Mergers and acquisitions are the ways in which businesses get combined. They can be a little intricate to understand all the legal and tax issues surrounding the deals. Mergers and acquisitions are two different business combinations, although they are thought of as a generic term. Let us look at the types of mergers and acquisitions and the ways the companies can do business combinations.
Definition of Merger
A merger is a business transaction where an acquiring company takeovers the target company as a whole. This results in only one company remaining after the merger. The smaller target company loses its existence and becomes a part of the bigger acquiring company.
- Definition of Merger
- Basis of Classifications / Types of Mergers:
- Integration Form
- Relatedness of Business Activities
- Other Classifications:
Basis of Classifications / Types of Mergers:
Mergers can be differentiated into various types depending on the following:
Mergers can be classified depending on how both the companies physically combine themselves in the transaction to form one entity.
The mergers can be classified as follows on the basis of forms of integration:
A statutory merger is one in which all the assets and liabilities of the smaller company are acquired by, the bigger (acquiring) company. As a result, the smaller target company loses its existence as a separate entity.
Company A + Company B = Company A
A subsidiary merger is when the target company becomes a subsidiary of the bigger acquiring company. This happens because the target company may have a known brand or a strong image that would make sense for the acquiring company to retain.
Company A + Company B = (Company A + Company B)
A consolidation merger is one in which both the companies lose their identity as separate entities and become a part of a bigger new company. This is generally the case with both the companies being of the same size.
Company A + Company B = Company C
Relatedness of Business Activities
Mergers can be classified depending on how both companies’ business activities relate to each other. The economic function and the purpose of the transaction define the types of mergers.
The mergers can be classified as follows on the basis of the relatedness of the business activities:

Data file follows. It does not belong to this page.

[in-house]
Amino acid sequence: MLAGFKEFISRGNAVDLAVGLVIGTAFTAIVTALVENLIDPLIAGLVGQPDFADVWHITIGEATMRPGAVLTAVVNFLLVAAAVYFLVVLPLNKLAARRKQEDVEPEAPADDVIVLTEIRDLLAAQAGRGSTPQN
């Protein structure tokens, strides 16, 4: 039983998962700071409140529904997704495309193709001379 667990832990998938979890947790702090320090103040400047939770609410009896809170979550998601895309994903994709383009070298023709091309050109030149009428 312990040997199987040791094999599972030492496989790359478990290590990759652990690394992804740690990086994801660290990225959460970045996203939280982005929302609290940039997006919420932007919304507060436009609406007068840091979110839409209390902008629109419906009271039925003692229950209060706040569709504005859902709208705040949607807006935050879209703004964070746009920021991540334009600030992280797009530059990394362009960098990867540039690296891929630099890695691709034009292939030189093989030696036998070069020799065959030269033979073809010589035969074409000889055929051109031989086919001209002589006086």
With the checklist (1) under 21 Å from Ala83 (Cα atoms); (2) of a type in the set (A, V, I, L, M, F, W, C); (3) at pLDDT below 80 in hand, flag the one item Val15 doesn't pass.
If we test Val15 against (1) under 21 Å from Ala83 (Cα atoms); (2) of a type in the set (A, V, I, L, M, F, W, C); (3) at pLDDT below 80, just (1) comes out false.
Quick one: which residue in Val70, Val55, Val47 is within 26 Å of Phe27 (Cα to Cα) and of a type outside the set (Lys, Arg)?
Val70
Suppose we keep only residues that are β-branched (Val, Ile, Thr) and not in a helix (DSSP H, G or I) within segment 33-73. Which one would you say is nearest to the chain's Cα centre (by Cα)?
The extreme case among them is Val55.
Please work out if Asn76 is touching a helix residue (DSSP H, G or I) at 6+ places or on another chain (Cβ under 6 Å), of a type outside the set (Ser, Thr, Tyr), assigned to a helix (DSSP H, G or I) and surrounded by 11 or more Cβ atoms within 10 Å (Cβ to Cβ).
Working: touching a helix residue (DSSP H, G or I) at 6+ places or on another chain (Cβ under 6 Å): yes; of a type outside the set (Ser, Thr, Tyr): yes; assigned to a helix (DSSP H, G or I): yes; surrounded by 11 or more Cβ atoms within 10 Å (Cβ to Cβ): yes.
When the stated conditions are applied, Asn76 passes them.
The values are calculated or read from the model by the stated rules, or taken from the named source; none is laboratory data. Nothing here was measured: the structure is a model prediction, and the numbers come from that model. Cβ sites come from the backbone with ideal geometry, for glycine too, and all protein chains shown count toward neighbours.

A merger that happens between companies belonging to the same industry. The companies have businesses in the same space and are generally competitors to each other. A horizontal merger is a feature of an industry that consists of a large number of small firms / fragmented industries. The level of competition is high, and the post-merger synergies and gains are much higher for companies in such industries. The motivation behind such a merger is economies of scale and control of a bigger market share.
A vertical merger is a merger between companies that produce different goods or offer different services for one common finished product. The companies operate at different levels in the supply chain of the same industry. The motivation behind such mergers is cost efficiency, operational efficiency, increased margins, and more control over the production or the distribution process. There are two types of vertical mergers:
- Backward Integration: A vertical integration where a company acquires the suppliers of its raw materials.
- Forward Integration: A vertical integration where a company acquires the distribution channels of its products.
Must read: Horizontal vs. Vertical Integration.
A merger between companies that operate in completely different and unrelated industries. A pure conglomerate merger is between companies with totally nothing in common. A mixed conglomerate merger is between companies looking for a market or product extensions.
Market Extension Mergers
A merger between companies that have the same products to offer but the markets are different. The reason behind such mergers is access to bigger markets and an increase in client base.
Product Extension Mergers
A merger between companies that have different but related products but the markets are the same. Such mergers allow the companies to bundle their product offerings and approach more consumers. This type of merger is also known as a congeneric merger or concentric merger.
Besides the above classifications, there are other characteristics of the deals. Also, that may further define the types of mergers:
Complementary or Supplementary Merger
A complementary merger aims at compensating for some limitations of the acquiring company. The acquisition of the target company may be an attempt to strengthen a ‘process’ or enter a new market. A supplementary merger is one in which the target company further strengthens the acquiring company. The target may be similar to the acquiring company in this case.
Hostile or Friendly Merger
A merger can be hostile or friendly depending on the approval of its directors. If the company’s board of directors and managers are against the merger, it is a hostile merger. If they approve the merger, it is a friendly merger.
Arm’s Length Merger
This type of merger is a merger that is approved both by the disinterested directors and the disinterested stockholders.
A merger of a target company with an aim of strategic holding over a longer-term. An acquirer may pay a premium to target in this case.
In a reverse merger, a private company acquires a public company to prevent itself from the complex process of going public.
A business combination gets complex not only with the legal issues but also with the type of a merger. A merger can vary according to the way companies come together or their economic functions. It is important to understand the type of merger to appreciate the intricacies involved.